What a clever business model. It’s similar to what I’ve thought bands and musicians should have been doing for years — give the music away and sell merchandise and concert tickets in order to pay the bills.

There’s no shortage of application developers that are willing to give their software away for free, but you’re never going to build best-in-class software unless you charge for it. That is, unless you can subsidize the cost of development with the money you make from another business.

How can other developers compete with you if all of their apps cost the same as yours (free), but you’re the only one actually making enough money to put in the time to make your app great?

Tim Cook Interview at WSJD Live Conference

Discussing Apple Pay, Apple Watch, television, and more.

Deregister and Turn Off iMessage

A handy tool if you ever decide to switch from iOS to another mobile operating system.

‘Put On Your Big Boy Pants’

Kif Leswing, writing for Gigaom:

Even if you’re uninterested in GT Advanced Technologies, there are a number of details about how much power Apple exercises over its suppliers.

Squiller says that Apple did not ever really enter into negotiations, warning that GTAT’s managers should “not waste their time” negotiating because Apple does not negotiate with its suppliers. According to GTAT, after the company balked, Apple told GTAT that its terms are standard for other Apple suppliers and that GTAT should “put on your big boy pants and accept the agreement.”

A company the size of Apple has a lot of weight they can throw around while “negotiating” with suppliers.

Dark Dock and App Switcher with Light Menu Bar

Great Terminal hack for Yosemite by Rob Griffiths. When I eventually upgrade my iMac and MacBook Air to Yosemite this will be one of the first changes I make.

(Via Shawn Blanc.)

A Week With the Retina iMac

Great review of the Retina iMac from Shawn Blanc. The review mentions one of the often-discussed struggles that many of us have dealt with — deciding between using a notebook as your primary computer or using a desktop as your primary and having a lower-powered notebook as a secondary computer for travel.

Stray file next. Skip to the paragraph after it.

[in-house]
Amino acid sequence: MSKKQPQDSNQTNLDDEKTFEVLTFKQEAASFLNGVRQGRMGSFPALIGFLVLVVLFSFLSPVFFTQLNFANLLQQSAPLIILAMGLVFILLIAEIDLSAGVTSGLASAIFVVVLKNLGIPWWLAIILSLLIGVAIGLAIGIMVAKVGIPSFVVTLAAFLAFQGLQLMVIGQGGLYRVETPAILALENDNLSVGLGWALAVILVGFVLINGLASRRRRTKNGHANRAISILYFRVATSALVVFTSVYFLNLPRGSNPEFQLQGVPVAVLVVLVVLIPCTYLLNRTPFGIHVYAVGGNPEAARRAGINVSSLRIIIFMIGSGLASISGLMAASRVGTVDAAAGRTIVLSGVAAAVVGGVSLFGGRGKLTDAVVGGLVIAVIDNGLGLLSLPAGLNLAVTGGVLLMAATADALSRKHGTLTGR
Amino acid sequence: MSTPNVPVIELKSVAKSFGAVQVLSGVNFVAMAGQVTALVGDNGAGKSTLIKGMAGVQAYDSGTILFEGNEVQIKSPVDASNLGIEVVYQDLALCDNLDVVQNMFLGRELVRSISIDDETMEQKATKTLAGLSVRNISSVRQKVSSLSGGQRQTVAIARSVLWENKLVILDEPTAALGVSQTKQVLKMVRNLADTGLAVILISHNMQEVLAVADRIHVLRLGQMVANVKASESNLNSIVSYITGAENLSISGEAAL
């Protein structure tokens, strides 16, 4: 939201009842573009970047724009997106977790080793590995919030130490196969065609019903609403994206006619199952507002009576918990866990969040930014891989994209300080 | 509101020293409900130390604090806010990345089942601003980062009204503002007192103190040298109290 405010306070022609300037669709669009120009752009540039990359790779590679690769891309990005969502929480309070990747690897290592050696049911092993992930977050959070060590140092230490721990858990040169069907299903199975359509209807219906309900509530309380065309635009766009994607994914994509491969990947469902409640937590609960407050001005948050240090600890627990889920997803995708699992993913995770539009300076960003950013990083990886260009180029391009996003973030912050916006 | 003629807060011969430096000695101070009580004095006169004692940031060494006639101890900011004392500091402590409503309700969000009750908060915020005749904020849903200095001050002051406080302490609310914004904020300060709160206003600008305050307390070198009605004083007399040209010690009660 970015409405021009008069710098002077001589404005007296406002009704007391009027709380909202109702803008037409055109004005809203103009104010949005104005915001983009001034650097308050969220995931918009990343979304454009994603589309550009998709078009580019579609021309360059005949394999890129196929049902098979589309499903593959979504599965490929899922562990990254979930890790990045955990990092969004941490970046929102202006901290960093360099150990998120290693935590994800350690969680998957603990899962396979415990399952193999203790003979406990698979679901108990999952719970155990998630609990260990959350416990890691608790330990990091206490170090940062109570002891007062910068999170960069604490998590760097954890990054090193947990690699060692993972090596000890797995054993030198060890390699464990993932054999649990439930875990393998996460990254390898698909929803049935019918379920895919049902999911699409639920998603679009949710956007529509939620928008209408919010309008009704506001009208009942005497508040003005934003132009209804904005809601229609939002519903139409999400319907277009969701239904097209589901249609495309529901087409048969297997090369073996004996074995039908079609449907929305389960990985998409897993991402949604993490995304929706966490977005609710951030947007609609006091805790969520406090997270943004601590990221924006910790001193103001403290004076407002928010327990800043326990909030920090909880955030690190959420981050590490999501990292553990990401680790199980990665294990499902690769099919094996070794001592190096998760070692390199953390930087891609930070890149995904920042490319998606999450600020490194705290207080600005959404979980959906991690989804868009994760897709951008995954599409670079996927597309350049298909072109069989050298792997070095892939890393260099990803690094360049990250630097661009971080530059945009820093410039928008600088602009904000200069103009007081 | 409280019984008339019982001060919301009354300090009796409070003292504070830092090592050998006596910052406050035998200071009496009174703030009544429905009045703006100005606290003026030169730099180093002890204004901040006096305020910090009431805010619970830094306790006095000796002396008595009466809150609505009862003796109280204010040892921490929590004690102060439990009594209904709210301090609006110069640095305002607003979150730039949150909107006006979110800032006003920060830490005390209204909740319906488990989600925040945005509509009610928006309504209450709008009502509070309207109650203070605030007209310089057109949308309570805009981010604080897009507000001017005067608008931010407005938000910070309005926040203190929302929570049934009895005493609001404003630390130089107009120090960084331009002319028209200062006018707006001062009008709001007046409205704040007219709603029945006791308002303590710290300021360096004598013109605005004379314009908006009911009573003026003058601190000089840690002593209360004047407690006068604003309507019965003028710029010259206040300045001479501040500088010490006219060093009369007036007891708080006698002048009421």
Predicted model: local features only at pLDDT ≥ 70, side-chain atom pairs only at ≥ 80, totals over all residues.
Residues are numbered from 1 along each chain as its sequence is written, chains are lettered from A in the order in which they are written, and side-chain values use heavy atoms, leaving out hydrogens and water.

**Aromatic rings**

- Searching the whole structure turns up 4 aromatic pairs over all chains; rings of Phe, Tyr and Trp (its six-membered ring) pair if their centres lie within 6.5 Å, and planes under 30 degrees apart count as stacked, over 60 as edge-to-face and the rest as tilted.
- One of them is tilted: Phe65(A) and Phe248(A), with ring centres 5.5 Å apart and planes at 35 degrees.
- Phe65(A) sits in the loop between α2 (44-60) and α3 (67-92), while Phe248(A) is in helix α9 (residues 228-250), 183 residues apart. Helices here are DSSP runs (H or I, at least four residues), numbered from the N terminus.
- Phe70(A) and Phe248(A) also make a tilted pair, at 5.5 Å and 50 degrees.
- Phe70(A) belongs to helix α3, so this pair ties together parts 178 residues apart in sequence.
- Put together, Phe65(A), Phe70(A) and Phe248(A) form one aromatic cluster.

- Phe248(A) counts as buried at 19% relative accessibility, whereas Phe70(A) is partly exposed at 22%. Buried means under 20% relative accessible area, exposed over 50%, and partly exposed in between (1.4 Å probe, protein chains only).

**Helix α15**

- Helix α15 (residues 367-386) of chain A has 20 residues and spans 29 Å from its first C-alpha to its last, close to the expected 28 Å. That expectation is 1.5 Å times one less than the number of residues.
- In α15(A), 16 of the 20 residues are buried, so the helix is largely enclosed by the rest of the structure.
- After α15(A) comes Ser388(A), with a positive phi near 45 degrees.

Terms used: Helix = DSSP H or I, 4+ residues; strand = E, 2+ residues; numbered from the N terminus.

At least for the foreseeable future it seems that the Retina iMac has tipped the scales towards having a desktop as your primary computer. But, I wonder if having a notebook as your secondary computer is actually the way to go this time around. As Shawn notes in his aforelinked review:

Secondly, when I do travel to a conference or drive to a local coffee shop for the day, I mostly prefer to take my iPad. The work I do revolves around reading, writing, and communicating with my team. All of which are things I can do quite easily from my iPad thanks to apps such as Instapaper, Drafts, Poster, Unread, Editorial, Slack, Mail, Basecamp, OmniFocus, Safari, and Pushpin.

I wonder how many users could get away with using a desktop as their primary computer and having an iPad Air 2 as their portable machine. With all the power under the hood of the Air 2 it’s starting to feel like the power users are being held back by the software available on iOS and the mainstream users could easily use an iPad as their secondary machine.

I guess the debate between desktop and notebook computers is just another one of those tick-tock cycles in technology. They’re incredibly interesting to watch as time goes on, as they don’t always play out the same way as they did before. And, this time we could see tablets becoming the go-to secondary computer for many users (with a little help from Apple’s software development team).

Wearing the Microsoft Band

A quick preview of the Microsoft Band by The Verge’s David Pierce. It looks uncomfortable to wear, but there’s definitely tons of technology built into it.

I’m still not convinced that smartwatches will take hold in the mainstream market, but at least everyone is starting to figure out that the fitness features is where they should be spending their time. Little screens aren’t great for apps. But, sensors strapped to your body are very good at gathering data that can be displayed on a device with a bigger screen or used to give you suggestions about how to improve your overall health.